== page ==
Everyone says that time flies in business school — this is true — but you don’t understand or believe it until you experience it for yourself. In addition, you are so busy (even in your second year!) that it is really easy to lose sight of your goals and things that are important to you. I recently finished my first term of my second year at Fuqua, and literally woke up one morning wondering where the last 9 weeks went?! Seriously …
I came back to school in late August and participated in re-orientation (a requirement for second-year students). It was so nice to reconnect with my friends, as well as meet people who I was not very close to in my first year. We talked about our summer internships, discussed classes we were hoping to take, and of course, partied! Re-orientation was refreshing for me because it gave me the chance to refocus on what I came to business school for … you know, those things I wrote about in my application essays. All the re-orientation sessions challenged me to be true to myself about the impact that I hope to make once I leave Fuqua. Very hard questions were asked, some very uncomfortable, and necessary conversations were had. I walked away from re-orientation feeling closer to my classmates, more in love with Fuqua, and more importantly, extremely motivated to be a “leader of consequence.” But then, life happened. Before I knew it, I was stressing out about how to calculate the variance analysis for my managerial accounting class, constantly running from one meeting to the next, trying to socialize with the awesome new first years, and attempting to keep in touch with my friends and family.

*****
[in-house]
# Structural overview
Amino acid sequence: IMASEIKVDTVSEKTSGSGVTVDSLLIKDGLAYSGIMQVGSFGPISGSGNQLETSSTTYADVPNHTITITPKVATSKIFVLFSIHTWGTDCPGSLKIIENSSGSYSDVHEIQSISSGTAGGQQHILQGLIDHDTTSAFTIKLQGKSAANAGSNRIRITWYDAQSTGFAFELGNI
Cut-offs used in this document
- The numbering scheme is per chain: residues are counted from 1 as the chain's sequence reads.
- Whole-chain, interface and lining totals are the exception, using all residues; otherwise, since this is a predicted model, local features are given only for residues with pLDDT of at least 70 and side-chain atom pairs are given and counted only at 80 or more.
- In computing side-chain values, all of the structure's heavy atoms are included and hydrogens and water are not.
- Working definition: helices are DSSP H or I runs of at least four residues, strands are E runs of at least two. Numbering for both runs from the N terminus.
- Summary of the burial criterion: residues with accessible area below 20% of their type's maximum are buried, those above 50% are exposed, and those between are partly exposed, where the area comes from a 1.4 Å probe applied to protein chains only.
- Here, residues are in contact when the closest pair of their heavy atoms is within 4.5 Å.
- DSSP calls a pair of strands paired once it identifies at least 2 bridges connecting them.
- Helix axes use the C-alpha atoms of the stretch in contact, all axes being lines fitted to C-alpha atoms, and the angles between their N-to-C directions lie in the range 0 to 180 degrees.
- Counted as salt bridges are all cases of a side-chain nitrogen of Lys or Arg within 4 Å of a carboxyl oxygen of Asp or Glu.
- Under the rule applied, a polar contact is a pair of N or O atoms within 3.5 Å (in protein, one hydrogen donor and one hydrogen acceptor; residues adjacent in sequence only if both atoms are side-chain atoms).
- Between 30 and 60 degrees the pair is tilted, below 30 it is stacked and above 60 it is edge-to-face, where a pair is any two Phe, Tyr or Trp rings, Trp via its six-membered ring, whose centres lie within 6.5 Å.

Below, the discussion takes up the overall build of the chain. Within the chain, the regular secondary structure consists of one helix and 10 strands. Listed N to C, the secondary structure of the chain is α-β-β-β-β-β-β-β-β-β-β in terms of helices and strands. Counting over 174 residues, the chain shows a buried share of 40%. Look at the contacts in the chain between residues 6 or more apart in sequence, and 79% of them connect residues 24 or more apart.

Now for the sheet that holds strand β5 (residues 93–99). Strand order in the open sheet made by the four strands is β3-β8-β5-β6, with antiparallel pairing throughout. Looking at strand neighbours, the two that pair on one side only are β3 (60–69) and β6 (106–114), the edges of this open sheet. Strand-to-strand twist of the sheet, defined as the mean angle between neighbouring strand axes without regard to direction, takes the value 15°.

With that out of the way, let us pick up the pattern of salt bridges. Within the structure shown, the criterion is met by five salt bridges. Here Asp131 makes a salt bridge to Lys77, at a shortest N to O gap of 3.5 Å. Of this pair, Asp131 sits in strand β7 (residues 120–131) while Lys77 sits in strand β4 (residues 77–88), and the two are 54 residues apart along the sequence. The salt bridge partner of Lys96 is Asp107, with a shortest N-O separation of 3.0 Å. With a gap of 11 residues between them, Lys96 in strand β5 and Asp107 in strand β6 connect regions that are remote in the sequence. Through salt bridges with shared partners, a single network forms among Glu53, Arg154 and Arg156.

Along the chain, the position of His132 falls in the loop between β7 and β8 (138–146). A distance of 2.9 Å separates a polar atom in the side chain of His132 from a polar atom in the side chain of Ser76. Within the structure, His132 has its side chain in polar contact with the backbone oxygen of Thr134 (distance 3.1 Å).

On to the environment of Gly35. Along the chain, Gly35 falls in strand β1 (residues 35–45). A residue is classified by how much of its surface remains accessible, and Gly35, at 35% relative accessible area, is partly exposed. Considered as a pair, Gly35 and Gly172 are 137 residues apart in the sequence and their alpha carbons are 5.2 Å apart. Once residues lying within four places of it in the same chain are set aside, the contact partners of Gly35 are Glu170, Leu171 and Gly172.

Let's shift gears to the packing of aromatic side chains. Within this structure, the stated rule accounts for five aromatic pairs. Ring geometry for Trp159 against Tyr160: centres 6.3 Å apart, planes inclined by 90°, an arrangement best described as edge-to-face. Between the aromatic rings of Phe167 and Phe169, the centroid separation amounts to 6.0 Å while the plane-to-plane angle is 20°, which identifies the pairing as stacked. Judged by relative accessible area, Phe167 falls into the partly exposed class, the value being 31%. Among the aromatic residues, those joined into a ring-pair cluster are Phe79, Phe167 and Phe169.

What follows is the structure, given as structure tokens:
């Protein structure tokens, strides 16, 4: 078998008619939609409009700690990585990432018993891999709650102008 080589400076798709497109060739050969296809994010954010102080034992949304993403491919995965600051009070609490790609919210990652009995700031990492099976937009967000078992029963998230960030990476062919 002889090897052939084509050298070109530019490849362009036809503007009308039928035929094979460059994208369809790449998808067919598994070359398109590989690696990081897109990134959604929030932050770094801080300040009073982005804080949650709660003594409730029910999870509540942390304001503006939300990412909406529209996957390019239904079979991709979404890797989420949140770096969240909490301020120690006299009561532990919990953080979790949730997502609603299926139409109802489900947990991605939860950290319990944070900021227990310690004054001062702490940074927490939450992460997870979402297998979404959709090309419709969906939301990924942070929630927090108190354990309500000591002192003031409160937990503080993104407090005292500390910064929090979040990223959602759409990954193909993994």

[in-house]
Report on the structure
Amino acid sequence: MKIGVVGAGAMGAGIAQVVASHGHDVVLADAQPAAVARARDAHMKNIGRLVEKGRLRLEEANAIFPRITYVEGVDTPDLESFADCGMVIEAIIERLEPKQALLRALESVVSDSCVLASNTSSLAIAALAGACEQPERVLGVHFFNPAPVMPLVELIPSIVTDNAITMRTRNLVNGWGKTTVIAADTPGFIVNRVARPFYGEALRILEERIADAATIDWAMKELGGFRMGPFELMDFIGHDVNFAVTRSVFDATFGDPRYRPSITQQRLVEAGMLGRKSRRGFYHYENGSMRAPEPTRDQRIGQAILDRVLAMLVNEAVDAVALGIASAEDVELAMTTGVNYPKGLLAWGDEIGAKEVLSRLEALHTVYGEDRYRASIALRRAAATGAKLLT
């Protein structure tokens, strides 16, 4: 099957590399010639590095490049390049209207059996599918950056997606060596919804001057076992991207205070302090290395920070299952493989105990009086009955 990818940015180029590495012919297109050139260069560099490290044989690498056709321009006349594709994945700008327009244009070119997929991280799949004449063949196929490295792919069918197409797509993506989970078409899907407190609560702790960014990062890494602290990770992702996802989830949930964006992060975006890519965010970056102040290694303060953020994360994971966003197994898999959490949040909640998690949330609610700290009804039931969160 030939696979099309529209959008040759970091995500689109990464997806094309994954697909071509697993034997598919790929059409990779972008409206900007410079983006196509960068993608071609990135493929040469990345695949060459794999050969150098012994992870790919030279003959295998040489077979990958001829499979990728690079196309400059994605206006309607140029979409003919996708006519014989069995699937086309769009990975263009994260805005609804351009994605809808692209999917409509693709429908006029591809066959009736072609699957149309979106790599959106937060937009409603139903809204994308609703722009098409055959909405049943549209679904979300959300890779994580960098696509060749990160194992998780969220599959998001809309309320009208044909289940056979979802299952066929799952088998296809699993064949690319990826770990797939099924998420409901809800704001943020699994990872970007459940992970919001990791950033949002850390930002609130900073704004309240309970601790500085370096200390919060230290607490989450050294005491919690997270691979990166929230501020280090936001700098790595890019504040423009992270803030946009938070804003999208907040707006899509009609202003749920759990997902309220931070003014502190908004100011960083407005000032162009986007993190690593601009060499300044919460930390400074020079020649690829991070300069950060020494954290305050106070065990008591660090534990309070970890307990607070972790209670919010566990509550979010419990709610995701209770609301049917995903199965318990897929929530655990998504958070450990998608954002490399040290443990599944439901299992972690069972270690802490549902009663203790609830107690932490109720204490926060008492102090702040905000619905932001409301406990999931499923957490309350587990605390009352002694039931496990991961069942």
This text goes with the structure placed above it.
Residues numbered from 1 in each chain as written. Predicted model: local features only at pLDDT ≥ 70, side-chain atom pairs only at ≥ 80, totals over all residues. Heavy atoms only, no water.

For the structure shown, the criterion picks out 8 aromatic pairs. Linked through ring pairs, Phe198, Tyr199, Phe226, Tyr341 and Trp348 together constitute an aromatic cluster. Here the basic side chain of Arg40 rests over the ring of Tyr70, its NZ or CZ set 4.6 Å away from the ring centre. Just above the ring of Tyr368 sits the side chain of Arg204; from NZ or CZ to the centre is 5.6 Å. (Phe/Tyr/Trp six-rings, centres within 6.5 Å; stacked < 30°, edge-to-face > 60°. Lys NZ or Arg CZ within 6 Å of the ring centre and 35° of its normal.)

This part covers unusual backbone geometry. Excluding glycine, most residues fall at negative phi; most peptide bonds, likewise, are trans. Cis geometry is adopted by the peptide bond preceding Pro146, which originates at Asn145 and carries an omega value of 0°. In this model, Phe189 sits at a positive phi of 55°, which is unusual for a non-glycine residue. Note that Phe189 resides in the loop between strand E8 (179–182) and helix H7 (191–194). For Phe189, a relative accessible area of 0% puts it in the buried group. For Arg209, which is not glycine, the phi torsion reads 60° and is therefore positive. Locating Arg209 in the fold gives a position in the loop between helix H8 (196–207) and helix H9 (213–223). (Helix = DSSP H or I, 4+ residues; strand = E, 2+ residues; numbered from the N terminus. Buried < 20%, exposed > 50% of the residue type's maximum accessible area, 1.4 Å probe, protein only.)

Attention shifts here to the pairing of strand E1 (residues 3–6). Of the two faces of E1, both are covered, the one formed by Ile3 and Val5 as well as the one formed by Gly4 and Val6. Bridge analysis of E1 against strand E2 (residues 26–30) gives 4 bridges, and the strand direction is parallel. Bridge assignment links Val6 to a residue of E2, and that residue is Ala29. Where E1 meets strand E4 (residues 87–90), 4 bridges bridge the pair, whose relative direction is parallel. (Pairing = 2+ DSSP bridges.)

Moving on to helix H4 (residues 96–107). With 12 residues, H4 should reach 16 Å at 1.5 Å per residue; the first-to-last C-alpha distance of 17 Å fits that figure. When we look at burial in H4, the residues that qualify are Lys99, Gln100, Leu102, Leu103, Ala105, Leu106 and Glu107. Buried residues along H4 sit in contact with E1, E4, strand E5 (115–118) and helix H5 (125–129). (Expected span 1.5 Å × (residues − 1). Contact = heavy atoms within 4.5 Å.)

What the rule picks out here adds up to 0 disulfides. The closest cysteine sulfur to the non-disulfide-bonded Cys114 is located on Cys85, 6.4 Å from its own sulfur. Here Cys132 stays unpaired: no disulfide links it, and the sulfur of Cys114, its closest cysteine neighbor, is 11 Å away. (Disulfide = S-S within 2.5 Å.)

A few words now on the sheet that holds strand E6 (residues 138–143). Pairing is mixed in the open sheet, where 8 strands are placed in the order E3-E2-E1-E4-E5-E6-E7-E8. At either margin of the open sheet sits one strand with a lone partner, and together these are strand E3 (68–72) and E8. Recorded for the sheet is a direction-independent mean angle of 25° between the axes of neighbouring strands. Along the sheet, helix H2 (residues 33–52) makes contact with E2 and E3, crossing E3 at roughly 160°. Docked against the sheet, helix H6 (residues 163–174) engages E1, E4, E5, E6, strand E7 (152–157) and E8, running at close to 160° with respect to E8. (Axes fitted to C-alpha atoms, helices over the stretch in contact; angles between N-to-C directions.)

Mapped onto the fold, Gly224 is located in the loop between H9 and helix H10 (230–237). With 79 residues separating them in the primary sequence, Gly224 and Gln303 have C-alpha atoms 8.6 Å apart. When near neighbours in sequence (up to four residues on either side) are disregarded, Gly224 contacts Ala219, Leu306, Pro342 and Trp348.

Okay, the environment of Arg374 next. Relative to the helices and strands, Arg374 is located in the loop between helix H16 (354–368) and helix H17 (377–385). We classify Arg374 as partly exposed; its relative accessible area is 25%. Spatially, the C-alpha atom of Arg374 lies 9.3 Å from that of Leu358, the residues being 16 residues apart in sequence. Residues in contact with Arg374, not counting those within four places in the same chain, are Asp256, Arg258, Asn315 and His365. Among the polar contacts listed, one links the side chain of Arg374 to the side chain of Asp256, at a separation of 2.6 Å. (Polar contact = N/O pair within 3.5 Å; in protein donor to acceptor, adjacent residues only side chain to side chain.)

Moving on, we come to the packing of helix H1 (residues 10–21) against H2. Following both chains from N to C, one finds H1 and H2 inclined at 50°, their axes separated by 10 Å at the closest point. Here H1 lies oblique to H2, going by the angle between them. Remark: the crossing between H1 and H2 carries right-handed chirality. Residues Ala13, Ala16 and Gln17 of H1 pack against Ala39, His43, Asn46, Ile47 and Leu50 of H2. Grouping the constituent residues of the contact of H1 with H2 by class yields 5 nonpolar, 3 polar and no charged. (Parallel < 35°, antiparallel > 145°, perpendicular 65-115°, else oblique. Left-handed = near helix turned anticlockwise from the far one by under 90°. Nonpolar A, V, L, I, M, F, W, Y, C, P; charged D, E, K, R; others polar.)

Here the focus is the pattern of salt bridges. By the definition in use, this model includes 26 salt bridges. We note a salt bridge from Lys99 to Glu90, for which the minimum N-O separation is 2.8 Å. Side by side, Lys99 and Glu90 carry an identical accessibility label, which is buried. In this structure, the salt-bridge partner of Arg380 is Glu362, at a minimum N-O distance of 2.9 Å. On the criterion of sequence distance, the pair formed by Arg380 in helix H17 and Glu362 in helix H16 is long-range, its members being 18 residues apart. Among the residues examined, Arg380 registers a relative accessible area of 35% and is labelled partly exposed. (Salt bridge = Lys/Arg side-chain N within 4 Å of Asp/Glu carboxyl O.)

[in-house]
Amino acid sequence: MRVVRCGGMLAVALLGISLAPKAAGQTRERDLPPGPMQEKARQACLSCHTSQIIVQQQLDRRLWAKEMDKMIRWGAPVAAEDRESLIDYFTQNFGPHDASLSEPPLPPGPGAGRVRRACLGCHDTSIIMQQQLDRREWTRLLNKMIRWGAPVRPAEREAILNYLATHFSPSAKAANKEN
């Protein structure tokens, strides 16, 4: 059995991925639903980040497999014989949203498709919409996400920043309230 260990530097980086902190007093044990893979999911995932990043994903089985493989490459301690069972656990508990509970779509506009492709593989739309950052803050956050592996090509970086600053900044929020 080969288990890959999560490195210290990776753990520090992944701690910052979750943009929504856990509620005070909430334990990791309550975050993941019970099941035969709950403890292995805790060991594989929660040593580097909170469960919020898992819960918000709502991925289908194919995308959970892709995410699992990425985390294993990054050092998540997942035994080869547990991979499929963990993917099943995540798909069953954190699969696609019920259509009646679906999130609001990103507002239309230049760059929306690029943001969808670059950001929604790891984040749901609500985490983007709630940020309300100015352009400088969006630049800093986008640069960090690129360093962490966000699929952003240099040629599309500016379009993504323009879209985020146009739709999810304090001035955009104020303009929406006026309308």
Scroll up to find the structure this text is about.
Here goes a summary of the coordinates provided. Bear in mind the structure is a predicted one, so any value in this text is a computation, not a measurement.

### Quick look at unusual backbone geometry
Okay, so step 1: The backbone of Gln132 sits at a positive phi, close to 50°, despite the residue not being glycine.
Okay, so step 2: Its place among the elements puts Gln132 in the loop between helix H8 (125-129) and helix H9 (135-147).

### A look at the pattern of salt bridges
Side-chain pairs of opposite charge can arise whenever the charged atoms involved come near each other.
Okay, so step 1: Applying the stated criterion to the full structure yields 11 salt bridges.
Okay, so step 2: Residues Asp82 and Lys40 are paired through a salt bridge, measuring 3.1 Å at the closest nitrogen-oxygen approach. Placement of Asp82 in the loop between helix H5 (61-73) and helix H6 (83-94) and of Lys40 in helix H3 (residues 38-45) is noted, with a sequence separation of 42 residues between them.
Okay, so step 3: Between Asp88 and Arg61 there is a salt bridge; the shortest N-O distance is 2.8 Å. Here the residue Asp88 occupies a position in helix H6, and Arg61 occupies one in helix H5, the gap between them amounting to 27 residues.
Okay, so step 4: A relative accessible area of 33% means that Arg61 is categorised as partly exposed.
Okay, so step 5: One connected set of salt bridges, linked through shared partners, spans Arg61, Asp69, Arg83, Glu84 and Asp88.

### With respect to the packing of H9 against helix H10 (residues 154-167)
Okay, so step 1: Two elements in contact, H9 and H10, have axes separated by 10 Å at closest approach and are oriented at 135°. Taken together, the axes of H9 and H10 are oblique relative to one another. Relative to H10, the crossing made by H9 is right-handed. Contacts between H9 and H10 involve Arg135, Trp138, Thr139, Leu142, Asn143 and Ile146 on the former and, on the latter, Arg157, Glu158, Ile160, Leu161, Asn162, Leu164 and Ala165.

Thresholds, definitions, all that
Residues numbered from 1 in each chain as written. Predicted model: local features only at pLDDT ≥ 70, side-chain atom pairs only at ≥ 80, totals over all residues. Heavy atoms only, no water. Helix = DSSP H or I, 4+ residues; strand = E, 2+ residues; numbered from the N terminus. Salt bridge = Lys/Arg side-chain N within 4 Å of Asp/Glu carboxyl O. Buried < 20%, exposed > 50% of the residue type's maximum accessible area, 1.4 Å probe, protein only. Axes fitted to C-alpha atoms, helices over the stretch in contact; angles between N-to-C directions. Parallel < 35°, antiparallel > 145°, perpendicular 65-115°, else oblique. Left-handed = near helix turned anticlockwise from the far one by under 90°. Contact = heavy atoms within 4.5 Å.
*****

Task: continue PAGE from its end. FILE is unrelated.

So as I embark upon my third-to-last term at Fuqua (I’m so not ready to leave!), I intentionally took some time to make a list of things that I want to do, see, or accomplish before I graduate. Fuqua is such an awesome community, with a wealth of information, knowledge, and experiences, and I would hate for the next 7 months to just pass me by.
So, here’s my Fuqua Bucket List:
- Attend a basketball game! The fact that this has yet to happen is shameful, I admit. It seems like it would be blasphemous to be at Duke for two years and not experience the awesomeness that is Duke basketball.
- Explore Duke’s campus. I get so caught up in life at Fuqua that I sometimes forget that there’s an entire world out there … a Duke world, I mean. Every time I walk around campus I re-discover just how beautiful it is.
- Take at least one class that challenges me, and by challenge, I mean scare me, each term. This is probably the last time in my life that I will attend school full-time, and I want to constantly push myself while I am here.
- Write down my goals. I truly believe that there is some truth in putting what you want out there in the universe, in order to make it happen. And even if that whole theory is hogwash, the idea of introspectively thinking about what I want to do, not just on a day-to-day basis, but thinking about what type of leader I want to be — what type of legacy I want to leave — is helpful in and of itself.